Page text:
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[Ray tracing] Resultant of electric field components

  1. Apr 2, 2009 #1
    Hi All,

    I am a beginner at Electromagnetics

    I'm implementing ray tracing SBR to predict propagation of waves. Each ray contribution will be in the form of:

    Ei = (some factors) e ^ (- j k r) u(theta, phi)

    where k = 2 pi / wavelength, r is the total unfolded path

    I'm not sure about the u(theta, phi) vector .. is right this way or no need for it?

    Now how can i add several Ei's? each one is multiplied by a complex and a vector .. i have no clue on how to proceed?

    Also does anybody know what is the field radiation pattern (f) of an isotropic antenna?

    thanks in advance
  2. jcsd
  3. Apr 3, 2009 #2


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    I really need to go to bed but I felt compelled to respond to this in order to provide further confusion.

    An isotropic antenna radiates equally in all directions, the radiation pattern is just a sphere.

    I'm not sure on how much of the SBR theory you know. You should be able to find papers on them, Andy Lee did a lot of work on it and he also developed Xpatch which uses SBR. I think his author name was S-W Lee. Anyways, knowing the theory behind it should answer a lot of your questions.

    It's been a while but... SBR works by representing the waves as a series of ray "tubes." The propagation of the wave is locally represented by a ray moving through space. The tube is the footprint of the EM wave associated with that ray. As the tube moves through space, it diverges, this is incorporated into the formula. The tube itself is a plane wave, and so it has an associated polarization. That is why you need a vector associated with each tube as that will contain the polarization of the plane wave in the tube. Since these are far-field ...um... fields they usually use the theta and phi unit vector conventions. Whenever the ray strikes a scatterer, physical optics is used to estimate the currents excited. The currents are painted over the footprint of the tube. These are the currents that are used in integral equations to calculate the scattered fields.

    So you send out a bunch of rays in accordance to your excitation, like the radiation pattern of an antenna. These rays represent far-field plane waves, so they have a theta and phi polarization. Whenever a ray strikes a surface, you calculate it's reflection and note any necessary attenuations or diffractions. After you have mapped the reflections of all the rays, you paint currents over the footprints of the rays on the scatterer(s). Then you use integral equations to calculate the scattered fields from the currents. There is some consideration on which bounces you will actually use to paint currents on. For example, a ray may have three bounces as it hits around on a surface (think like the inside of a cylinder with an opening in the side. One surface but the curvature may give multiple bounces of the ray on the same surface). Sometimes you might hear about the second bounce being ignored, only first and/or last bounces being used. I wouldn't worry too much about this, it makes an assumption that if you have multiple bounces on a scatterer that the currents usually cancel out and so only the first and last bounces make any considerable contribution.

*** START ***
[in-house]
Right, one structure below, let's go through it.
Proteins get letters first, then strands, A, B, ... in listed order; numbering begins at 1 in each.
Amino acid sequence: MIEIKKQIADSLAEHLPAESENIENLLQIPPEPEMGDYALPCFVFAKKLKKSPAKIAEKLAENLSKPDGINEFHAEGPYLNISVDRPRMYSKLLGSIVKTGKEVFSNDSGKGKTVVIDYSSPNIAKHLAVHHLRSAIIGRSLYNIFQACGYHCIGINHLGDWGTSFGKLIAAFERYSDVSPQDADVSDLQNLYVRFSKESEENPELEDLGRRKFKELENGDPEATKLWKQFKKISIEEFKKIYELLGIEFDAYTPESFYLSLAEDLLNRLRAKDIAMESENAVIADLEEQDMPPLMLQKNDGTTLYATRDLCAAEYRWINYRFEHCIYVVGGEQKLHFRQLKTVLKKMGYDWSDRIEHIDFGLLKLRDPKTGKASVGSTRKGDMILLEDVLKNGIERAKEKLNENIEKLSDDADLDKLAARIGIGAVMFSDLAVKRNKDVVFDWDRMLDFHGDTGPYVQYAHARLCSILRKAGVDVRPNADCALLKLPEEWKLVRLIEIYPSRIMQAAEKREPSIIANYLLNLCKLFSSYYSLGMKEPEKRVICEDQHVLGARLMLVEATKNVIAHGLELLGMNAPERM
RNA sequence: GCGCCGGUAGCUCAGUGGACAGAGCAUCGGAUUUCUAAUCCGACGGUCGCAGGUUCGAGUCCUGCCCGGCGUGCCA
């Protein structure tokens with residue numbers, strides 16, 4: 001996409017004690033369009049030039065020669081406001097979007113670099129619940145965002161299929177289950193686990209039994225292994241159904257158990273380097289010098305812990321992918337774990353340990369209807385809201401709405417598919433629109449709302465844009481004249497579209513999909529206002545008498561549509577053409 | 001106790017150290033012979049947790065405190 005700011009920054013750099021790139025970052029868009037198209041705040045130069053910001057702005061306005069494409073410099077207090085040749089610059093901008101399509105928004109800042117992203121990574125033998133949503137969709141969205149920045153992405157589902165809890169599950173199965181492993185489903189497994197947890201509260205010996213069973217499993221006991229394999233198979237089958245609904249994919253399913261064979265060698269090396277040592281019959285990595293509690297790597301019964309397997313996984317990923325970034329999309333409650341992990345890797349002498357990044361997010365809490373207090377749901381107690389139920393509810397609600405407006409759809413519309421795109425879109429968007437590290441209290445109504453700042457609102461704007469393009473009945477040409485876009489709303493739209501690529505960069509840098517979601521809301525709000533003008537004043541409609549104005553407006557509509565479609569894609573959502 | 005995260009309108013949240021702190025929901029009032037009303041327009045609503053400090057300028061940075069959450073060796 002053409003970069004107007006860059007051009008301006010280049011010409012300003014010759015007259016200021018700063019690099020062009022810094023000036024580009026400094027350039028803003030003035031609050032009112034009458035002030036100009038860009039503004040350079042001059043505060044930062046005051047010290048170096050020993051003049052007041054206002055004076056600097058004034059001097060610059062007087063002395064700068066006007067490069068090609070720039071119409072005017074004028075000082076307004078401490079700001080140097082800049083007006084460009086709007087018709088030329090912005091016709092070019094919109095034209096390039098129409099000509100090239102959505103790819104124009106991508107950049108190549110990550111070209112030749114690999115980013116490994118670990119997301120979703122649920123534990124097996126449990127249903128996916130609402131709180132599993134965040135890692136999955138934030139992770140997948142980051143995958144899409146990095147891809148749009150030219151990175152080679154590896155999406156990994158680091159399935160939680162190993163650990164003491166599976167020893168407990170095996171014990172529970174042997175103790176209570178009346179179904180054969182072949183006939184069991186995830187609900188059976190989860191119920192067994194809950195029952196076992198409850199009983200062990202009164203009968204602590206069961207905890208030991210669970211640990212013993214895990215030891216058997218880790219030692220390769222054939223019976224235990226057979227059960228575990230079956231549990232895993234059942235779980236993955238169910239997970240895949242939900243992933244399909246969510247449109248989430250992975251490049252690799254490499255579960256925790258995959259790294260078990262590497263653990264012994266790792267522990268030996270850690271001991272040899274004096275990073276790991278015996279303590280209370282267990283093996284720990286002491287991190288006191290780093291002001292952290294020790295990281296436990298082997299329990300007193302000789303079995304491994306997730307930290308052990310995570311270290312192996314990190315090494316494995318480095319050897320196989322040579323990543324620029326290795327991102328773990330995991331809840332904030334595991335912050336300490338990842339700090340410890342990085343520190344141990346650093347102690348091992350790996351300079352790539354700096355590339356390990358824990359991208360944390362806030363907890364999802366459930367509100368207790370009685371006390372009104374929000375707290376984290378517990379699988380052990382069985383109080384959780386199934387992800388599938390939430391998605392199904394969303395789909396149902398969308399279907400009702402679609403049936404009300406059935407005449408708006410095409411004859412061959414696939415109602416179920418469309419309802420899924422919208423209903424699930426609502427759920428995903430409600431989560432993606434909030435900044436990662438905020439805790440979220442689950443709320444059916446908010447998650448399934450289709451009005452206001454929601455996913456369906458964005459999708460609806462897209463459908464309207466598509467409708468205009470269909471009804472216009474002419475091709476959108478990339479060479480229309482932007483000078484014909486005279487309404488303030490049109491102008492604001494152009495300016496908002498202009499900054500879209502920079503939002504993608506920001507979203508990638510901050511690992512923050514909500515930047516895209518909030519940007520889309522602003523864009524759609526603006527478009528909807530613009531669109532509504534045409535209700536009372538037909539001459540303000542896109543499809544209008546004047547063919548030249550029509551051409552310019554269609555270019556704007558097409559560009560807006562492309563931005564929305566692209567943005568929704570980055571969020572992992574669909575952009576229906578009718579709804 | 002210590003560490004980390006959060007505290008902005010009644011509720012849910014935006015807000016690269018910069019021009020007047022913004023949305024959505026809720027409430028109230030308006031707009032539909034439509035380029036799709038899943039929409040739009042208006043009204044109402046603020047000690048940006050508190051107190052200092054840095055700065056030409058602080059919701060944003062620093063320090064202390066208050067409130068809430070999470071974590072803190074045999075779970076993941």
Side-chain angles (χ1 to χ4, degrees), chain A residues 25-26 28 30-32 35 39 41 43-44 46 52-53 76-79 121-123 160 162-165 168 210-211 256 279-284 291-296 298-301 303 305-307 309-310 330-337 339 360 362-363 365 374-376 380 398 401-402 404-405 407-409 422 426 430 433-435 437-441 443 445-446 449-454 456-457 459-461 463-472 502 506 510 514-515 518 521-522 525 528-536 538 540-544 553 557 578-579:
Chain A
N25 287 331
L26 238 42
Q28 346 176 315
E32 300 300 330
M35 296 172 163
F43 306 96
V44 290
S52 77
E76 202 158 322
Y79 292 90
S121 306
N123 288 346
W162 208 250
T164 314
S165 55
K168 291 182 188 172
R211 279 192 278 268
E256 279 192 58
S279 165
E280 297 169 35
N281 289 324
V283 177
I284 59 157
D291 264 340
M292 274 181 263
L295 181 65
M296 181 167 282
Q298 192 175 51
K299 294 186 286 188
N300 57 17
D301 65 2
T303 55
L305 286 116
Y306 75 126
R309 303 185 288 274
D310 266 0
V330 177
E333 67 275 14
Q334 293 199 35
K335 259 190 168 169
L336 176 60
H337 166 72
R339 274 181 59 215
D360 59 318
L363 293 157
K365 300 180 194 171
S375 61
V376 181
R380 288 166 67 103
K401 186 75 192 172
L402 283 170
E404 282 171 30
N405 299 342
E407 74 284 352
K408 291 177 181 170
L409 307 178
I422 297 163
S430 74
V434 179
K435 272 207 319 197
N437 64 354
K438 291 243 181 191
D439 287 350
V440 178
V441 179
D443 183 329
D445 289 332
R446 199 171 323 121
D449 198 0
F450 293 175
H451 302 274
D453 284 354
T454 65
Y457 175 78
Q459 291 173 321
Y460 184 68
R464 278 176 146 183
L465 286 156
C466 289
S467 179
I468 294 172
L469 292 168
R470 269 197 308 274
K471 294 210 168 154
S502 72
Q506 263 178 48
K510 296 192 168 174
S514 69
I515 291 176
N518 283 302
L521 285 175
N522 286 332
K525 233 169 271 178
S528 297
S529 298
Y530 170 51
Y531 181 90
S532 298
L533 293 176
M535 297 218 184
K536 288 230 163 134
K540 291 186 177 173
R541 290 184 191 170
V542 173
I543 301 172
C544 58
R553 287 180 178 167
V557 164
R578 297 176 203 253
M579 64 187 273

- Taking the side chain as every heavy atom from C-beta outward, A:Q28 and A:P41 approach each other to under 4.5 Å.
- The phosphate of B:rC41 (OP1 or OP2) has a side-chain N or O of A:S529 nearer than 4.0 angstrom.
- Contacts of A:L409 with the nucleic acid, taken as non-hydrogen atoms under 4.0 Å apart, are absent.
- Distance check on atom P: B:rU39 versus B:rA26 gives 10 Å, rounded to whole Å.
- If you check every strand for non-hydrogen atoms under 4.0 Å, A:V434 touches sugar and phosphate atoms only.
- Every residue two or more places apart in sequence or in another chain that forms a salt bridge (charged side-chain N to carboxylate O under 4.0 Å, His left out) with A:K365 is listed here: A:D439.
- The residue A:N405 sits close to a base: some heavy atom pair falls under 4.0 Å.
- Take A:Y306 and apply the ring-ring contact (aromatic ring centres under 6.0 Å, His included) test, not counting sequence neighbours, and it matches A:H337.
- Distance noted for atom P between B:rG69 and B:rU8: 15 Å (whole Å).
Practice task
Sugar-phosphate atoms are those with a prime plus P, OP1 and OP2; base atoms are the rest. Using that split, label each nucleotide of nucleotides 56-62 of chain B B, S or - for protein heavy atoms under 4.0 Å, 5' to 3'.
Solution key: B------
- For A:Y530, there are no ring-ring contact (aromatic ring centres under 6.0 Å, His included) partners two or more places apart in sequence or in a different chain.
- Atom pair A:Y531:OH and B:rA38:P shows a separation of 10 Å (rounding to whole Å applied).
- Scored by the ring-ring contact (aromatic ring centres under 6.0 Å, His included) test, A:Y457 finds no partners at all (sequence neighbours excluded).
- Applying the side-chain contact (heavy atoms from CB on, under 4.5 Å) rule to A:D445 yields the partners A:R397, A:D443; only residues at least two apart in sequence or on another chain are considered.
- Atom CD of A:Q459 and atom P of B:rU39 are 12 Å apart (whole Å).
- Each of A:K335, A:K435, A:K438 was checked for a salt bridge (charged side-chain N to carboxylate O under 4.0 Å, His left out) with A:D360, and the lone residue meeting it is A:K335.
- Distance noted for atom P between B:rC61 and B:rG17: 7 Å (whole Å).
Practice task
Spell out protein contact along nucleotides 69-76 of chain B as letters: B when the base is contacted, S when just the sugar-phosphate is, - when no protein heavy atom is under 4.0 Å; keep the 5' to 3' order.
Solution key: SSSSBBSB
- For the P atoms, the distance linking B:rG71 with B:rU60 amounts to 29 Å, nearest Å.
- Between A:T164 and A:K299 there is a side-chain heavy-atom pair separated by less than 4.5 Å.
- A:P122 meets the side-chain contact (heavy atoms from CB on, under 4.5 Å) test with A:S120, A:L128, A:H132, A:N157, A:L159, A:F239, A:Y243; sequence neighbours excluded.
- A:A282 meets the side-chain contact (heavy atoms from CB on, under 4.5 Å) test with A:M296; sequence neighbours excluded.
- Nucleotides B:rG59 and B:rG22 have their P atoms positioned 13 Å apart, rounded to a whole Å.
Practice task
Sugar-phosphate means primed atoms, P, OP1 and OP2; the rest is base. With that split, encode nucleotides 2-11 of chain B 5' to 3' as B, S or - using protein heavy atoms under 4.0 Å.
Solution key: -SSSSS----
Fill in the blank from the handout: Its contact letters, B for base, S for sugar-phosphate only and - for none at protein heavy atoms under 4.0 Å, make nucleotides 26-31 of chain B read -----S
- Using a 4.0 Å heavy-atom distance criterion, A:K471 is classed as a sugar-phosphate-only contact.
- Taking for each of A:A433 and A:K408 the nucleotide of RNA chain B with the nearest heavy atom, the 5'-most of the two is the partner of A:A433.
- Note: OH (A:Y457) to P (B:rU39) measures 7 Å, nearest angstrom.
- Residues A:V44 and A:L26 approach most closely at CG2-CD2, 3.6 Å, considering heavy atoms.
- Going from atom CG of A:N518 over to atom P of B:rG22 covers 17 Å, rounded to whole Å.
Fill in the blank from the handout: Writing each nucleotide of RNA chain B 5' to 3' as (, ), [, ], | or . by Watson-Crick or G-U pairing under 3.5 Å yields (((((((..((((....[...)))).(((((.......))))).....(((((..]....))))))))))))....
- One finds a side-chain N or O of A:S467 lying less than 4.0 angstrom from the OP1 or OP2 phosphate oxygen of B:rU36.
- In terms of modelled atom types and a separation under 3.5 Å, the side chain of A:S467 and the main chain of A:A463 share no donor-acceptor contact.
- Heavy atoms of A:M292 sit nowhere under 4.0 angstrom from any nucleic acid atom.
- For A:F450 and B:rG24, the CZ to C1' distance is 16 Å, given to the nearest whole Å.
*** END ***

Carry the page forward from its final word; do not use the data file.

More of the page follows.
Classical EM follows linear superposition, so you combine rays that cause an overlapping footprint on a scatterer by just adding them together. Since these are vectors, you can simply use an array to hold the vector components.

    EDIT: I think this maybe one of Andy's early papers: http://intl.ieeexplore.ieee.org/xpls/abs_all.jsp?isnumber=702&arnumber=18706&count=21&index=8# Note though, a quick glance through it makes me think that he only paints the currents at the aperture. He was only interested in the fields leaving the cavity so he painted the currents across the aperture and then integrated them as opposed to the currents on the scatterer's surface.
    Last edited: Apr 3, 2009
  4. Apr 3, 2009 #3
    Thanks a lot for replying but I don't see what that has to do with my question :)

    I wanted equations.

    Also, I found this in a paper about ray tracing:
    "Each propagation mechanism is treated separately, and the total field is determined via coherent superposition of the individual contributions of each ray as weighted in time by a probing pulse identical to one commonly used in measurements to provide a wide band power delay profile representation of the propagation channel."

    What does it mean????? and how can I use it?

  5. Apr 4, 2009 #4


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    I don't know, it would make much more sense given its context in the paper. The equations and details can be found in the paper I linked and you should be able to find more papers written by S-W Lee on the subject. Additional topics related to SBR are physical optics, geometric optics, and the unified theory of diffraction which can all be found in Balanis' textbook on Electromagnetics (he even gives code for edge diffraction but that's probably more than you want).
  6. Apr 4, 2009 #5
    I will check these papers. I might need the diffraction part so that's great.

    Thanks a lot. :)
  7. Apr 4, 2009 #6


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    Normally you only really need to do the diffractions on edges. Balanis' code is in Fortran and I learned that he makes a few tricks with the Fortran. I think it was that certain range of variables are by default set to integers and so some of the equations will cast doubles as ints, so keep that in mind if you rewrite into a different language. That was the only problem I had with it.
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